5. And a couple with with the Sigma Widemax 28mm lens.
    [​IMG]
    This is also a very pleasant lens, in my opinion, especially for a wide-angle.
    [​IMG]
    [​IMG]
    That's all for now. I had a lot of fun shooting these two rolls, and plan on using it a lot more in the future. Would love to add a long lens to the arsenal, but exakta lens prices seem to have been on the high side on ebay recently.
     
  6. Exa is a sort of "limited" Exakta, meant as a beginner's route into the full Exakta system. Despite its limitation on the speeds available, it will take most (not quite all) wide to medium telephoto Exakta lenses. That 'weird' position for the shutter release, is original to the first Exaktas, so it is all the other cameras that are "different".
    The position of the shutter release also makes possible an external automatic aperture link of lenses made for the Exakta proper. Even the last Exaktas kept a left-side link for that reason, even when they also had a shutter release on the right side.
    Nice work with the camera.
     
  7. As I posted a while ago - the EXA (1a) was my first 'proper' serious camera. I loved the flip up viewfinder which allowed you to turn the camera upside down and get shots over peoples heads. Also of course the crazy push button shutter.
     
  8. Another advantage with the Exa for candid photography is the nearly silent shutter at 1/25. About as quiet as I have ever experienced. The other speeds are not as quite but 1/25 is just a wisper. My Exa was in a lot rougher shape and, trying to support too many systems, I sold it last year.
     
  9. Great shots. I've always wanted to see a post on the Exa.
     
  10. I owned and used Exaktas and Exas. I preferred the Exa as being less prone to failure based on it's absolute simplicity of manufacture and use. It is interesting to note that the Pilot 6x6 single lens reflex that uses 120 film has a very similar shutter what I call a mirror shutter and the Pilot has removable lens but only has a fixed waist level finder. All of these cameras were in my collection until I started a continuing process of downsizing and thinning out the cameras that I don't use anymore. By the way I have a small permanent collection of my favorites which I try to use and rotate on a regular basis. I use digital(as I employed Polaroid back in the day) but for fun the film cameras are my joy.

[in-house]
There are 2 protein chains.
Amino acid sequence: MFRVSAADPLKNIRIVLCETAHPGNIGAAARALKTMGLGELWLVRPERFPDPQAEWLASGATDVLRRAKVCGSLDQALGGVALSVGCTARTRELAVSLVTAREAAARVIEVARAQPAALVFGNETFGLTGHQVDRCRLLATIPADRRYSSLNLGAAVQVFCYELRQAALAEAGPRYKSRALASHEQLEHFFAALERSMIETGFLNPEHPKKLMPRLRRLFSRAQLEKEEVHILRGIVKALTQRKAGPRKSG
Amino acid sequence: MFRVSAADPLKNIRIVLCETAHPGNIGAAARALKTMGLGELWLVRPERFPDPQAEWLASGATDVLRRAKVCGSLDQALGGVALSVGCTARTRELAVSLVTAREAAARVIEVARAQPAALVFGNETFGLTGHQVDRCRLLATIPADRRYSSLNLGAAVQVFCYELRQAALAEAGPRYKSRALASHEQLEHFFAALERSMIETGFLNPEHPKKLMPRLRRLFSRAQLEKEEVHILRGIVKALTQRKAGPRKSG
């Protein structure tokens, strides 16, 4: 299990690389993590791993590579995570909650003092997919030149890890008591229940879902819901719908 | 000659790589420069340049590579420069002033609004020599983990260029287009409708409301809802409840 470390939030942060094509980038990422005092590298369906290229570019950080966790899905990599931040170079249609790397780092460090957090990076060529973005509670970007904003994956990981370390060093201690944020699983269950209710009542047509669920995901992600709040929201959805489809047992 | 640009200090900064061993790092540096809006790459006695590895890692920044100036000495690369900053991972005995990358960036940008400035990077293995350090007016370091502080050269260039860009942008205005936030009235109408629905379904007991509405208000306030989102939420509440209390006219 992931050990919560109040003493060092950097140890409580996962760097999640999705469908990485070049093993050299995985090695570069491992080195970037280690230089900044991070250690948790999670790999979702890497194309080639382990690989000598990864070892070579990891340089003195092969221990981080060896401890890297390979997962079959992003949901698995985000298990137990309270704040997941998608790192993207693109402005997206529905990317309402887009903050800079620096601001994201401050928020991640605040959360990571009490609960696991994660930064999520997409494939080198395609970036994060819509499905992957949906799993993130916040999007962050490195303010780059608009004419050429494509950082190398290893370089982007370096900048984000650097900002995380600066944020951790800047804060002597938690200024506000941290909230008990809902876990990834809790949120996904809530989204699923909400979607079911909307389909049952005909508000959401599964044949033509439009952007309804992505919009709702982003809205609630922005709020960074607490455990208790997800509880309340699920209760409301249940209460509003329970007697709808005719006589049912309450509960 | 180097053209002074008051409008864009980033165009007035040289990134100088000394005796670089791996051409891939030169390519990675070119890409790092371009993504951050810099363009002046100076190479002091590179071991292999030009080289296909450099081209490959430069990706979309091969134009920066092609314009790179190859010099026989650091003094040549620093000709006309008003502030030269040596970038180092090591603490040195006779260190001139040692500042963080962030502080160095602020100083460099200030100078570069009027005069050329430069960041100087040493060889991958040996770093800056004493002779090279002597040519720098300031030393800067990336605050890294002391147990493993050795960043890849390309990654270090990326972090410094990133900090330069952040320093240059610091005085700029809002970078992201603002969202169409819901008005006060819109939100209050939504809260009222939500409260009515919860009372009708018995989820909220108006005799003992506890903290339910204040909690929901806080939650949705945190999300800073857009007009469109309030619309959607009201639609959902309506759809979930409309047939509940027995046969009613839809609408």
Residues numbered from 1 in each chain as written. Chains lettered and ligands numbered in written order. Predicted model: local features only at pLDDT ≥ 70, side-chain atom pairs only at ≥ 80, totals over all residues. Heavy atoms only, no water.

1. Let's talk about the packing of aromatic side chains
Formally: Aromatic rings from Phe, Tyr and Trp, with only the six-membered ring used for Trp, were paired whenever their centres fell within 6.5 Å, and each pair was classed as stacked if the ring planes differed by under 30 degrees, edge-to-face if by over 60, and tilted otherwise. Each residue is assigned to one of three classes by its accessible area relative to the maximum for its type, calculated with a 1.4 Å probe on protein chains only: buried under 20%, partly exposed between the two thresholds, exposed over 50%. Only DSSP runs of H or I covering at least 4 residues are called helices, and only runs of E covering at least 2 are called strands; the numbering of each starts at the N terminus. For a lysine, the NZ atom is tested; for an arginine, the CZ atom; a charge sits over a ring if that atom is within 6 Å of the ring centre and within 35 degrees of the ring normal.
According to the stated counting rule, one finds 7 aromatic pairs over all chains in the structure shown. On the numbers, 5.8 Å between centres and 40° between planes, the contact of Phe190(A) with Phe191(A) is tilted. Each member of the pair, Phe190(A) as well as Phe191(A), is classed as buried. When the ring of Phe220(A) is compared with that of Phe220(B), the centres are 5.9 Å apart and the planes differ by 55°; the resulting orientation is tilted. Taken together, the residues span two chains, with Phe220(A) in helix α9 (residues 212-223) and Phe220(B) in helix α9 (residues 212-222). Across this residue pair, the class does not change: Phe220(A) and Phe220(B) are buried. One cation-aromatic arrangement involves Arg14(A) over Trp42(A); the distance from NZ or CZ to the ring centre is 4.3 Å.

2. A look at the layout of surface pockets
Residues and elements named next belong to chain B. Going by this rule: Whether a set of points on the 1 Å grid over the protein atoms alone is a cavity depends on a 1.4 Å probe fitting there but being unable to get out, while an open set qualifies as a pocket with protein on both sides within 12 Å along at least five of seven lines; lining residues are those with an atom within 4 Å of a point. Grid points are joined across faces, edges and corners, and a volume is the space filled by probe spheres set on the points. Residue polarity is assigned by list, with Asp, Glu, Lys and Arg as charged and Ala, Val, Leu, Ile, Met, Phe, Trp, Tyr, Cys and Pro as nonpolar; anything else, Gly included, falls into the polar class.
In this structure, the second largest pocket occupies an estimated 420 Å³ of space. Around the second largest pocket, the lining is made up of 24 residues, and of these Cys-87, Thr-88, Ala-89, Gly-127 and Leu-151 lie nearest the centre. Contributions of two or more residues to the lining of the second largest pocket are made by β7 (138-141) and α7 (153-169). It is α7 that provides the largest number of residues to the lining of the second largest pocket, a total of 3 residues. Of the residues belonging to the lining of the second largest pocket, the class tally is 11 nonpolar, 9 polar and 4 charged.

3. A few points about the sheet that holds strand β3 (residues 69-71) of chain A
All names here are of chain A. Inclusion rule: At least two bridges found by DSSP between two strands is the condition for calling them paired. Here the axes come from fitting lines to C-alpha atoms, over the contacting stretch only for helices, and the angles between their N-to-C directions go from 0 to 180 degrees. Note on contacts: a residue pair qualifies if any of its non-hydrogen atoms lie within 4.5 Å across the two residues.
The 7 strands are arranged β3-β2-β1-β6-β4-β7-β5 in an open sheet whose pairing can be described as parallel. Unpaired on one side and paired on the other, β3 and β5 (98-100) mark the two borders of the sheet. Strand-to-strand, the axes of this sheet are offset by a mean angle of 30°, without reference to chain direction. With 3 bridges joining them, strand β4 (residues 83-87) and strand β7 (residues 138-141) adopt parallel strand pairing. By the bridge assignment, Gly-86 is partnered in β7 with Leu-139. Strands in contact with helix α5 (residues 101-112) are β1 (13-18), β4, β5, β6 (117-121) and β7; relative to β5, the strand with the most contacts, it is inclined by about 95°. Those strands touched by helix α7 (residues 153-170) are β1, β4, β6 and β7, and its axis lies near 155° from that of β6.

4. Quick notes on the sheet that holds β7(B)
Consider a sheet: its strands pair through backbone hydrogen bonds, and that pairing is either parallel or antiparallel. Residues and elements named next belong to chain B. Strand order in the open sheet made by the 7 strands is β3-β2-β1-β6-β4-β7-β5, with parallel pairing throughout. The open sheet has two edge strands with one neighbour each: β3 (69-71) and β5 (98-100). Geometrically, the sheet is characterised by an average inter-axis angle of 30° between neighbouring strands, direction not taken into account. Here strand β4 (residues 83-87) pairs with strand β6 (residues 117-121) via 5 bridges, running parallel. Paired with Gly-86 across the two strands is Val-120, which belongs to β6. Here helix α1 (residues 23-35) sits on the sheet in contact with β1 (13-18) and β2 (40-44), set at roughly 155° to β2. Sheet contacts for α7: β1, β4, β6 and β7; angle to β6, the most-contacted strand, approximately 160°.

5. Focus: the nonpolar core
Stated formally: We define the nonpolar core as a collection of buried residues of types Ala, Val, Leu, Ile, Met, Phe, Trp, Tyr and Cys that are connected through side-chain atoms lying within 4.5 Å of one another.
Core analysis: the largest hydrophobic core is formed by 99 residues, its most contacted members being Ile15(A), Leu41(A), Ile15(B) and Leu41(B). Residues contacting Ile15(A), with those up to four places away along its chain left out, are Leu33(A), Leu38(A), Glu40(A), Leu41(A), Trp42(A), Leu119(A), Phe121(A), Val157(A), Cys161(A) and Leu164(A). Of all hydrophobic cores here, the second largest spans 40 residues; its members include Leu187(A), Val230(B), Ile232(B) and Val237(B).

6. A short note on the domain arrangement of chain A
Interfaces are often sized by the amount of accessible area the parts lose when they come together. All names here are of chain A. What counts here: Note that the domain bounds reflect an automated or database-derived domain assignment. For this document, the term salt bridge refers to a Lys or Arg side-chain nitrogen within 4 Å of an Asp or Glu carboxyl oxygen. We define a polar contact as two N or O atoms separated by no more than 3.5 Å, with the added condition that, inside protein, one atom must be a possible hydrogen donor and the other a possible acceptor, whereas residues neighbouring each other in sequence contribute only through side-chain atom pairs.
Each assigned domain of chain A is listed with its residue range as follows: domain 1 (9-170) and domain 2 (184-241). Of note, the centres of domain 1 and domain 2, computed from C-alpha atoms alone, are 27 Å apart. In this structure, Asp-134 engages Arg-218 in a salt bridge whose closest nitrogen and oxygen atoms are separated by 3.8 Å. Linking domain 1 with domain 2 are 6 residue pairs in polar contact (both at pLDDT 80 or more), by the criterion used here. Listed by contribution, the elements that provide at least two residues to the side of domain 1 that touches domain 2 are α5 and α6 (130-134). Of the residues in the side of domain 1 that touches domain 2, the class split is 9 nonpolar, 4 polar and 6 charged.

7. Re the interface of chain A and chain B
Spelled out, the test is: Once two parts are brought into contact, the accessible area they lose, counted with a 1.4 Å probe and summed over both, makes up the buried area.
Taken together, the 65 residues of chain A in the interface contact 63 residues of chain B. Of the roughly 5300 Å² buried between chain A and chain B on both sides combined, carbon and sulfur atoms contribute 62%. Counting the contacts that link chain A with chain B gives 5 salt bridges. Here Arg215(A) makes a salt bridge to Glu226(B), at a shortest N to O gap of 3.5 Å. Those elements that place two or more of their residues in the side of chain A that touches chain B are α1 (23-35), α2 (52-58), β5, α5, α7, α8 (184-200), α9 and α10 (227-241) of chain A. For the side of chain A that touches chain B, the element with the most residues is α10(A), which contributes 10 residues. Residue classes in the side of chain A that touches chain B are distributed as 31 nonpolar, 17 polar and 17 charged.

11. Nice to see these quirky old cameras still producing good images - in the right hands. Botanical gardens are made for photography.
     
  12. Fine series of photographs, Dave. I've been eyeing the Exas which crop up from time to time on our local auctions, but haven't yet taken the plunge. Your post is persuasive...
     
  13. Thanks for the responses!
    Rick, if you can live with the quirks of early SLRs, then the Exa can be a lot of fun. It is a slow camera to use though, especially without auto lenses. But with a 1/150th top shutter speed it's not as though you're going to be shooting any fast action anyway. Not a camera for "decisive moment" types! But I highly recommend it anyway.
     
  14. I just love the look of the Sigma Widemax on the little Exa.. looks great! I have a later 1a, I would prefer one of these beautiful earlier models. I have found the waist level finder great, but I realized that I was used to the TLRs with slower lenses so when I I put on a 2,8 lens I was blown away at how bright the finder could be. I like the results you got and like someone else said.. shows what quirky little cameras can do ! Thanks for the link to the shutter description! Enjoyed that!